- This analysis of the Nationwide Readmissions Database, maintained by the U.S. government, identified 255,947 patients hospitalized for myocardial infarction (MI) between October 1 and December 31, 2017, of whom 14.8% had type 2 MI
- Compared to patients with type 1 MI, those with type 2 were older and more likely to be female, and had greater prevalence of serious cardiac comorbidities, chronic kidney disease, liver disease, deficiency anemia, depression and substance use disorder
- Only 11% of patients with type 2 MI underwent coronary angiography, 1.7% underwent percutaneous intervention and 0.4% underwent coronary artery bypass grafting
- Patients with type 2 MI showed 43% lower odds of in-hospital mortality and 54% lower odds of 30-day readmission for MI than those with type 1 MI, but the two groups had similar risks of all-cause readmission and readmission for heart failure
- Until evidence from randomized, controlled trials is available, decision-making about revascularization for patients with type 2 MI should continue to be based on clinical judgment about each case
Type 2 myocardial infarction (MI)—which occurs with mild or no plaque, or fixed atherosclerosis—was formally recognized in 2007, and an ICD-10-CM code was introduced in October 2017. This permitted better research into the incidence of type 2 MI as well as patient characteristics, management and outcomes.
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Cian P. McCarthy, MD, cardiology fellow, and James L. Januzzi, Jr, MD, director of the Dennis and Marilyn Barry Fellowship in Cardiology Research at Massachusetts General Hospital Corrigan Minehan Heart Center, and colleagues recently conducted the first nationwide study of type 2 MI patients hospitalized in the U.S., the largest cohort of type 2 patients published to date. They concluded that type 2 MI is common and has distinctly different characteristics and outcomes than type 1. Their report is published in the Journal of the American College of Cardiology.
The research team analyzed the Nationwide Readmissions Database, maintained by the U.S. government, which in 2017 included data from 28 geographically dispersed states on 58% of all hospitalizations in the country that year. They identified 255,947 patients hospitalized for MI between October 1 and December 31, 2017.
Incidence of Type 2 MI
84.6% of patients had type 1 MI alone, 14.8% had type 2 alone and 0.6% had both types during their admission. The latter finding might represent miscoding, but a prior prospective study, published in Circulation, demonstrated that patients do on occasion experience both types of events.
The number of type 2 MI cases per month doubled during the three-month study period, presumably as clinicians became familiar with the new code, so 14.8% may be an underestimation.
Patients with isolated type 2 MI were significantly different from those with isolated type 1 in that they:
- Were older
- Were more likely to be female
- Had a higher prevalence of serious cardiac comorbidities such as heart failure, valvular heart disease and atrial fibrillation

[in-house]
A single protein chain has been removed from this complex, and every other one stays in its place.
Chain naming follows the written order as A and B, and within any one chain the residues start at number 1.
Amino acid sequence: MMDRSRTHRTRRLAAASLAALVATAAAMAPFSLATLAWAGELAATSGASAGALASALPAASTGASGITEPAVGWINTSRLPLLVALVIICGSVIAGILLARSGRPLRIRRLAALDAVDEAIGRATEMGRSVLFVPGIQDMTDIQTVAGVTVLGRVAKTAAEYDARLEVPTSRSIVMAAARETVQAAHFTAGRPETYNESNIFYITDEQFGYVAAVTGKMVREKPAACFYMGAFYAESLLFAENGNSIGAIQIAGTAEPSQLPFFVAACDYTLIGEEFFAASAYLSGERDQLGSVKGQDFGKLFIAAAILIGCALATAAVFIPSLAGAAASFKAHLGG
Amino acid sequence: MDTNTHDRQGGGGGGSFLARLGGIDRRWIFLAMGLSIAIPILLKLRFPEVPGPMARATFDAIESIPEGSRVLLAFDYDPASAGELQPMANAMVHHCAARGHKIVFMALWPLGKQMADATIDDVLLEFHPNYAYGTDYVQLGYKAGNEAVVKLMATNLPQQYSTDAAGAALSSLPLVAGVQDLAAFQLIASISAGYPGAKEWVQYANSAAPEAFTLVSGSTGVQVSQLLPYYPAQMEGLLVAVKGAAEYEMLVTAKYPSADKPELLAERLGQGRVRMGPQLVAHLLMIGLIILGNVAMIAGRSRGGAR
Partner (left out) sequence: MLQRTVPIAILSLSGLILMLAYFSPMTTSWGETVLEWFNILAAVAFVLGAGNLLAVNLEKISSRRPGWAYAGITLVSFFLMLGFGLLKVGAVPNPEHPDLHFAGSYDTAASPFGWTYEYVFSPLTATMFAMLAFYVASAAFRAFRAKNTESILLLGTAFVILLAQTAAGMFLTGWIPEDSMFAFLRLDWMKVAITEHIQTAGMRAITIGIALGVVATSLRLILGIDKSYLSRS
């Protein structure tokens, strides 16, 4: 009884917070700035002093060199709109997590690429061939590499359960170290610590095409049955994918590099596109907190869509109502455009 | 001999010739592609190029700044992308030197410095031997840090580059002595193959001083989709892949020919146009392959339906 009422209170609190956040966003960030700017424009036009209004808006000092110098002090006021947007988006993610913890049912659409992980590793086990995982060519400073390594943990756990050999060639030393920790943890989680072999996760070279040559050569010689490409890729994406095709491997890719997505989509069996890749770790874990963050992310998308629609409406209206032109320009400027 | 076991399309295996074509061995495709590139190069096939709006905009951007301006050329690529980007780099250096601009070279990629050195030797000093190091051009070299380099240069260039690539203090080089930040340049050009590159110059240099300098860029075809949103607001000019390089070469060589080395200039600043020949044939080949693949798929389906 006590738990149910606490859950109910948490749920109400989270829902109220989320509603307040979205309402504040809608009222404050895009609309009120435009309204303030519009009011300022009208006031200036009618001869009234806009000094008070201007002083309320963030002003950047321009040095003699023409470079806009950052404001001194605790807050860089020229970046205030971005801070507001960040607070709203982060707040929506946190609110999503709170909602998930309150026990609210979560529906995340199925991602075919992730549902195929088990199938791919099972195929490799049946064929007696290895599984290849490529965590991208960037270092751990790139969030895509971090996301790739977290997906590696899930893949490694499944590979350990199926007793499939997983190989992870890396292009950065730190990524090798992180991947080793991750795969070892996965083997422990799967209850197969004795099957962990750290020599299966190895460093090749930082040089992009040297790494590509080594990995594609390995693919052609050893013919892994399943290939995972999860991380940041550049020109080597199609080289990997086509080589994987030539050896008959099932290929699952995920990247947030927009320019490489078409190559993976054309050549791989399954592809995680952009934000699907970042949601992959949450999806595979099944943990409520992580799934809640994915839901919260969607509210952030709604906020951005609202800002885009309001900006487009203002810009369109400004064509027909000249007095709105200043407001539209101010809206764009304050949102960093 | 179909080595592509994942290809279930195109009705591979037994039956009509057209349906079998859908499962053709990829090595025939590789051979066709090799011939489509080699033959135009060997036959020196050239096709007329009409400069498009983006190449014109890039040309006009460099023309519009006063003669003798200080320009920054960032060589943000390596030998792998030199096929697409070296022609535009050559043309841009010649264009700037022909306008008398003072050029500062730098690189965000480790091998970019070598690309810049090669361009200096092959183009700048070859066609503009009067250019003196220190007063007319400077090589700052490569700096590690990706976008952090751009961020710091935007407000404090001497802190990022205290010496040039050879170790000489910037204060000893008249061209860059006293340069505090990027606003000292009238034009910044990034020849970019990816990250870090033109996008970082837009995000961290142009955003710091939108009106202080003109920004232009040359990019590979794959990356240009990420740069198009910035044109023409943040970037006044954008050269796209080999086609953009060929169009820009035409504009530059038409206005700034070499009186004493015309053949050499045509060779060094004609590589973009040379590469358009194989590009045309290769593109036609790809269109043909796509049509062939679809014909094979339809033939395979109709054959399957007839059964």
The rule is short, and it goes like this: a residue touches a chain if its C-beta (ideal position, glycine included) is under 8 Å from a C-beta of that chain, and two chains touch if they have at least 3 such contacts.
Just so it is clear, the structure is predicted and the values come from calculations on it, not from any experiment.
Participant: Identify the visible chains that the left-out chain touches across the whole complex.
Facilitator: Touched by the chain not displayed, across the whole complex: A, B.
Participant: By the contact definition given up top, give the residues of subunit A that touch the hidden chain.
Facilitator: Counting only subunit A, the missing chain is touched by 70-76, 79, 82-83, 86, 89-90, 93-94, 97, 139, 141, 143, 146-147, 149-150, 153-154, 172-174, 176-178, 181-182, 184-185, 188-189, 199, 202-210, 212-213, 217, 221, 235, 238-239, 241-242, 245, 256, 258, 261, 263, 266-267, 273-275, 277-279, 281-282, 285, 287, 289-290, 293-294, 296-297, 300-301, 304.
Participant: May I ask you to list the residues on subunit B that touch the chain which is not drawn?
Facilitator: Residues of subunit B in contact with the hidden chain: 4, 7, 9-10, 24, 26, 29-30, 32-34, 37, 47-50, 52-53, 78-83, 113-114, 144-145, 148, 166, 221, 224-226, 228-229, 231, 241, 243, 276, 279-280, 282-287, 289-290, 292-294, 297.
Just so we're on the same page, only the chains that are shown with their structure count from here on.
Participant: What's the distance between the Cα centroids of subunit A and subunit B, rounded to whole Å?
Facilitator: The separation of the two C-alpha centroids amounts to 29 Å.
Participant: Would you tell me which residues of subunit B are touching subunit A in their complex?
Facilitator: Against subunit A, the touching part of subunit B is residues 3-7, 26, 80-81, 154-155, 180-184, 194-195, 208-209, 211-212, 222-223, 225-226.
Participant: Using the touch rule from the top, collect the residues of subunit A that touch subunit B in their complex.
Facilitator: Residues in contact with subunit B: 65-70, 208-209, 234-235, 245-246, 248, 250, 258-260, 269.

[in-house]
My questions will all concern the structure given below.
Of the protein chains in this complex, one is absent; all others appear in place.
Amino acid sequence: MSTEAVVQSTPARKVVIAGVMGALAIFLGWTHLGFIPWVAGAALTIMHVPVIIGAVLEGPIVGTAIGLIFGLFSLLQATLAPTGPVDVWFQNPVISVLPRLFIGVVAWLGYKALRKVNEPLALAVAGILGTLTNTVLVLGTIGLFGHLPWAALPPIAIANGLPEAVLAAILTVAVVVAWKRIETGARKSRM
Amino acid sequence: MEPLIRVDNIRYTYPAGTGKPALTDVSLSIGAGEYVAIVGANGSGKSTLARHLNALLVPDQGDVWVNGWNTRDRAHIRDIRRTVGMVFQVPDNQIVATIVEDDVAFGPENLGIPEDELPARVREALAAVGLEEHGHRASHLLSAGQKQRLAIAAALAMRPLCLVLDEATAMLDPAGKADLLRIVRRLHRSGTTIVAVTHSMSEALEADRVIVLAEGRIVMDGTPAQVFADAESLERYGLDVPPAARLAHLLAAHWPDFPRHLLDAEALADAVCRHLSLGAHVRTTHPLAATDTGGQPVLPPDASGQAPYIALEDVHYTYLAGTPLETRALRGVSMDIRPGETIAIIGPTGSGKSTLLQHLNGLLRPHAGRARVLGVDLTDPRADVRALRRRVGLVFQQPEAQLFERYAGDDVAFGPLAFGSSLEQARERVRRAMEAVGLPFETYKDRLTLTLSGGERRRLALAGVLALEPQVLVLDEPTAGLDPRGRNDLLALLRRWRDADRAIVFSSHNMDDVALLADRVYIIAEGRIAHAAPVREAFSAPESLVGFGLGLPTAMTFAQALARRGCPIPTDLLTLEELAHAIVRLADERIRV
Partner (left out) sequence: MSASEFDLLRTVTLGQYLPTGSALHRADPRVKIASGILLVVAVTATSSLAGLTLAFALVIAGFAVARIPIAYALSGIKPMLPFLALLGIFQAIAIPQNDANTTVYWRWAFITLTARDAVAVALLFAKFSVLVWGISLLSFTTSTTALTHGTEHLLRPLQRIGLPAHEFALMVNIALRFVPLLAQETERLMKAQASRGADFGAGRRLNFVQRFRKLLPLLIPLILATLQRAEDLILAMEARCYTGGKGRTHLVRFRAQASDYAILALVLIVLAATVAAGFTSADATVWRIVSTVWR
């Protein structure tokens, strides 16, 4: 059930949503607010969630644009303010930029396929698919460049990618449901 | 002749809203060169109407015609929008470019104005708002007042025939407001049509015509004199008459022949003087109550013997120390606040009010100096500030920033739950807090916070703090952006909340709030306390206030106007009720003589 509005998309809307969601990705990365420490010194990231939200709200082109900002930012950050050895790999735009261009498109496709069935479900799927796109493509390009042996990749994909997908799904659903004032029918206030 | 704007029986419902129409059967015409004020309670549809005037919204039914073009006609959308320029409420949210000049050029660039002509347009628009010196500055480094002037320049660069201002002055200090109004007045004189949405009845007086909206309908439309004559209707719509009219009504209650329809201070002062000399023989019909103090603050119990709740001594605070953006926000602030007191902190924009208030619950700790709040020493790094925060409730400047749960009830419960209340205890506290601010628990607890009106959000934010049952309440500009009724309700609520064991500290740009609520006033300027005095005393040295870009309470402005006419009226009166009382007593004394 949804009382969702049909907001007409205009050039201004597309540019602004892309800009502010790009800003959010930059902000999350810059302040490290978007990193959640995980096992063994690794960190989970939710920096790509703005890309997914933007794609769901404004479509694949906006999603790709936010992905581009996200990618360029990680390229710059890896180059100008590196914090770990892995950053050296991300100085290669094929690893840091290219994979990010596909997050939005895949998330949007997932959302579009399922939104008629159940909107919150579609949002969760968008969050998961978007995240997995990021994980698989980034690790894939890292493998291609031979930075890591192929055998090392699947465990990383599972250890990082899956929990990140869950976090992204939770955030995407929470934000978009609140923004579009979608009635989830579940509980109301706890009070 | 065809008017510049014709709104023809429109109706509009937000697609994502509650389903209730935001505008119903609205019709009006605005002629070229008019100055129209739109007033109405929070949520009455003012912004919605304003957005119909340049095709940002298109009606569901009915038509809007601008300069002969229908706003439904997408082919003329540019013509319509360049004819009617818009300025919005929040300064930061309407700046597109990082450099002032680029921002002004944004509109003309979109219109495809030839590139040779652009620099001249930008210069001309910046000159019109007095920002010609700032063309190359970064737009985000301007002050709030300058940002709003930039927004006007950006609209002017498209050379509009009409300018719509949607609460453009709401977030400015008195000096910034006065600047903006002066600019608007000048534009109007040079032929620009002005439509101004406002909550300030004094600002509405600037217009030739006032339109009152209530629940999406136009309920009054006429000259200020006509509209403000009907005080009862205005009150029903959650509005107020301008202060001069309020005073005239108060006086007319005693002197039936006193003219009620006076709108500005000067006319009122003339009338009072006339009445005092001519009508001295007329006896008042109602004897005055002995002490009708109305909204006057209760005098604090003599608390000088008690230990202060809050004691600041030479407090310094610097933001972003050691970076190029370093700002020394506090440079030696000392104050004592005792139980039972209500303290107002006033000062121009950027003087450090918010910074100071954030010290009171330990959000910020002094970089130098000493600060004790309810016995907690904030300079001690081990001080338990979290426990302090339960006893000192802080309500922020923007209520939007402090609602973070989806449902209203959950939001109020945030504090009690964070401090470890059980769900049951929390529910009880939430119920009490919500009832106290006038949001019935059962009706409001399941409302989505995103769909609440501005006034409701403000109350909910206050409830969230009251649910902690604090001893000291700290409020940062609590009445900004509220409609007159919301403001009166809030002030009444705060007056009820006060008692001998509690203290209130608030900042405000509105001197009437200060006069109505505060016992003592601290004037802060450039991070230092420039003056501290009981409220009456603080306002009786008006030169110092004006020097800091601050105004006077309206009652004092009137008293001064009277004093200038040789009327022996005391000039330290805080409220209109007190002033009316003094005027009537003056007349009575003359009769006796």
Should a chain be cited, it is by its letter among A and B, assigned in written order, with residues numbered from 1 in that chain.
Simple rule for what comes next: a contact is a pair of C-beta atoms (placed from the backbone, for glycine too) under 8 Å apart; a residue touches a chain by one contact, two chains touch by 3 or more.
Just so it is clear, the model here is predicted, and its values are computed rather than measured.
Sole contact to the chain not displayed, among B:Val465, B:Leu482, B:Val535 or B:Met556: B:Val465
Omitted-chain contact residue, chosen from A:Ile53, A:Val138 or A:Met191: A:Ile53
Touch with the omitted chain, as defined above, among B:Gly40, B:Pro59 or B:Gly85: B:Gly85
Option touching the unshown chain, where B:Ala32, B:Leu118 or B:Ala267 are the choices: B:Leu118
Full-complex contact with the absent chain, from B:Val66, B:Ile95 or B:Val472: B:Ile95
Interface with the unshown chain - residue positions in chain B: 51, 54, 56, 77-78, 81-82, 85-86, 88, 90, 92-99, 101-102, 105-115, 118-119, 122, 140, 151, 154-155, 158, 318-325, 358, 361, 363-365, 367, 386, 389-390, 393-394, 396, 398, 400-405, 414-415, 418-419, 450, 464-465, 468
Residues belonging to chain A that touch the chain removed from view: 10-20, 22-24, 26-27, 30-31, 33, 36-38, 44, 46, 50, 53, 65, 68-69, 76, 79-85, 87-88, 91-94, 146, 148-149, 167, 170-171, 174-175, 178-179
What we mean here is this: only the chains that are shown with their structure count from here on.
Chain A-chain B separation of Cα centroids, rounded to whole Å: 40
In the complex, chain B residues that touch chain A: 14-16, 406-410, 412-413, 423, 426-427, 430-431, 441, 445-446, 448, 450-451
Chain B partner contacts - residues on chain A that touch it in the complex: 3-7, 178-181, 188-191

- Had a higher prevalence of chronic kidney disease, liver disease, deficiency anemia, depression, alcohol use disorder and substance use disorder
Patients with type 1 MI were significantly more likely than those with type 2 to have traditional atherosclerotic risk factors, including smoking, dyslipidemia, prior MI, prior percutaneous coronary intervention (PCI) and prior coronary artery bypass grafting (CABG).
Patients with type 1 MI were substantially more likely than those with type 2 to undergo:
- Coronary angiography (57% vs. 11%; P<0.001)
- PCI (39% vs. 1.7%; P<0.001)
- CABG (8% vs. 0.4%; P<0.001)
Patients with type 2 MI patients who did undergo revascularization were younger, more likely to be men with atherothrombotic risk factors, more likely to have private insurance and more likely to be treated at a teaching hospital than those who did not undergo revascularization.
In-hospital mortality was identical for type 1 and 2 MI at 8.9%. However, on multivariable analysis patients with type 2 MI had lower in-hospital mortality than those with type 1 (adjusted OR, 0.57).
Patients with type 2 MI were at significantly lower adjusted odds of 30-day readmission for MI compared to patients with type 1 MI (adjusted OR, 0.46). The two groups had similar risks of 30-day all-cause readmission and readmission for heart failure.
Decision on Revascularization Should Be Individualized
Although revascularization was associated with lower adjusted odds of in-hospital mortality, there may have been confounders that were not measured in this database study. Length of stay was significantly longer and hospital costs were two-fold higher for the type 2 MI patients who underwent revascularization than those who did not.
Until evidence from randomized, controlled trials is available, decision-making about revascularization for patients with type 2 MI should continue to be based on clinical judgment about each case.
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